Greetings to all our Village plant enthusiasts. Welcome to this weeks’ “bi-Weekly Plant of Interest”. This week we’ll be looking at a member of a rather large family, the Leguminosae (Legume or Pea family).
Tephrosia diffusa (Creeping Tephrosia in English, Visboointjie in Afrikaans) is a herbaceous perennial which, as its common name suggests, is a creeping wildflower. It tends to form relatively thick carpets in grassveld, usually in close proximity to water and rocky outcrops. T. diffusa is distributed from the Eastern Cape right through to KZN at altitudes of up to 1950 m A.S.L.
The genus name Tephrosia is derived from the Greek tephros (Ashen), most likely in reference to the grey-green or silvery green shade of the leaves of various species of the genus. The species name diffusa means diffuse and refers to the trailing nature of this species.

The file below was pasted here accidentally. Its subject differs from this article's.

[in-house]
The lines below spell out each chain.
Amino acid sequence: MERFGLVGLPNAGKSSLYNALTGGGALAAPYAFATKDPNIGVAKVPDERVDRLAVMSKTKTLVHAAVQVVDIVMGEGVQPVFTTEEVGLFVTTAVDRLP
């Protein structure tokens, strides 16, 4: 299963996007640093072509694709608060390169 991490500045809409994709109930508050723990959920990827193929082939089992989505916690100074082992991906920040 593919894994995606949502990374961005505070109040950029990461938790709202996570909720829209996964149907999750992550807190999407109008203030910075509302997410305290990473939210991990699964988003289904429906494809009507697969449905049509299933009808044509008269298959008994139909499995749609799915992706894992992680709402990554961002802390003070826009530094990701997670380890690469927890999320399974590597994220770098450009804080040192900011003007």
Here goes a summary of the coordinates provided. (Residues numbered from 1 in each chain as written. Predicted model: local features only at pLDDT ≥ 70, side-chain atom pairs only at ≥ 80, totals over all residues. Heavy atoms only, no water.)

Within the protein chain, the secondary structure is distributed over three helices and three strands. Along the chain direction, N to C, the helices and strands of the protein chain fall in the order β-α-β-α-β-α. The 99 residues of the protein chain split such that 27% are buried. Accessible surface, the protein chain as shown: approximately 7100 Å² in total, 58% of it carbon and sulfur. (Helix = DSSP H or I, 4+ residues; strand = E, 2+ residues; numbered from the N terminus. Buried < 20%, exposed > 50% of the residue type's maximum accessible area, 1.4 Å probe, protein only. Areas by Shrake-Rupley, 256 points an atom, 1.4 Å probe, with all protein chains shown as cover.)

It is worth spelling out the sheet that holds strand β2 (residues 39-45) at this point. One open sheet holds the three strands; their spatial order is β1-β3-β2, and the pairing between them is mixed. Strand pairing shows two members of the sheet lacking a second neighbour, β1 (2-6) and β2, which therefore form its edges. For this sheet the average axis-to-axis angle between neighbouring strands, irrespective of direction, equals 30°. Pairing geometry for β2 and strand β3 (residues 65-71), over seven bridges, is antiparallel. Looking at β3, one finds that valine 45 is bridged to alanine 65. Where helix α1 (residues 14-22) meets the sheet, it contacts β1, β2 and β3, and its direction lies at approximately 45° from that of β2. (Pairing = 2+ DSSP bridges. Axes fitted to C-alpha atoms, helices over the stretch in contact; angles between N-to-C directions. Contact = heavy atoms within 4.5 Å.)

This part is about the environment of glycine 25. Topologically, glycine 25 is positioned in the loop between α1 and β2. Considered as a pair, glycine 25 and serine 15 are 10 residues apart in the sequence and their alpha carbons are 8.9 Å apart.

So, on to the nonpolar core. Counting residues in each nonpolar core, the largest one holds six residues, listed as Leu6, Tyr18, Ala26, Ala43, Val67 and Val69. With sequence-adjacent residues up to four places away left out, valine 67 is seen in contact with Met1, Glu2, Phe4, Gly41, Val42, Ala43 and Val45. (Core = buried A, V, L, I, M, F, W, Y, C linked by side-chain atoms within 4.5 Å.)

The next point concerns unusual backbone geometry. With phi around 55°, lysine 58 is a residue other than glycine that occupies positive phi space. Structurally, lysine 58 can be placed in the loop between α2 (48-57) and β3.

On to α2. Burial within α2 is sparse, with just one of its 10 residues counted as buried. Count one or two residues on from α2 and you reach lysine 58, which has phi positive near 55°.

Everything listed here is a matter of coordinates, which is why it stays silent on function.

The pinnate leaflets occur in either pairs of 2-3 and are elliptic – oblong, measuring from 8-20mm long by 3-6 mm wide. The many-veined leaflets are prominent and large oval stipules are present. The inflorescence is an apical raceme and the flowers (15-20mm) are a brilliant pink, occurring on long stalks. Flowering occurs from October – May. Uses:
T, diffusa has many traditional uses, including treatment of a wide range of ailments including chest ailments, fevers, lice and even internal parasites.
The roots of this otherwise innocent seeming plant were once used as a form of fish poison.
The creeping nature of this species makes for good groundcover, is attractive, and as with all legumes, is a great way to naturally add nitrates to the soil.
The conservation status of T. diffusa, according to SANBI is listed as of Least Concern (LC ).
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Head ranger: Clarens Village Nature Reserve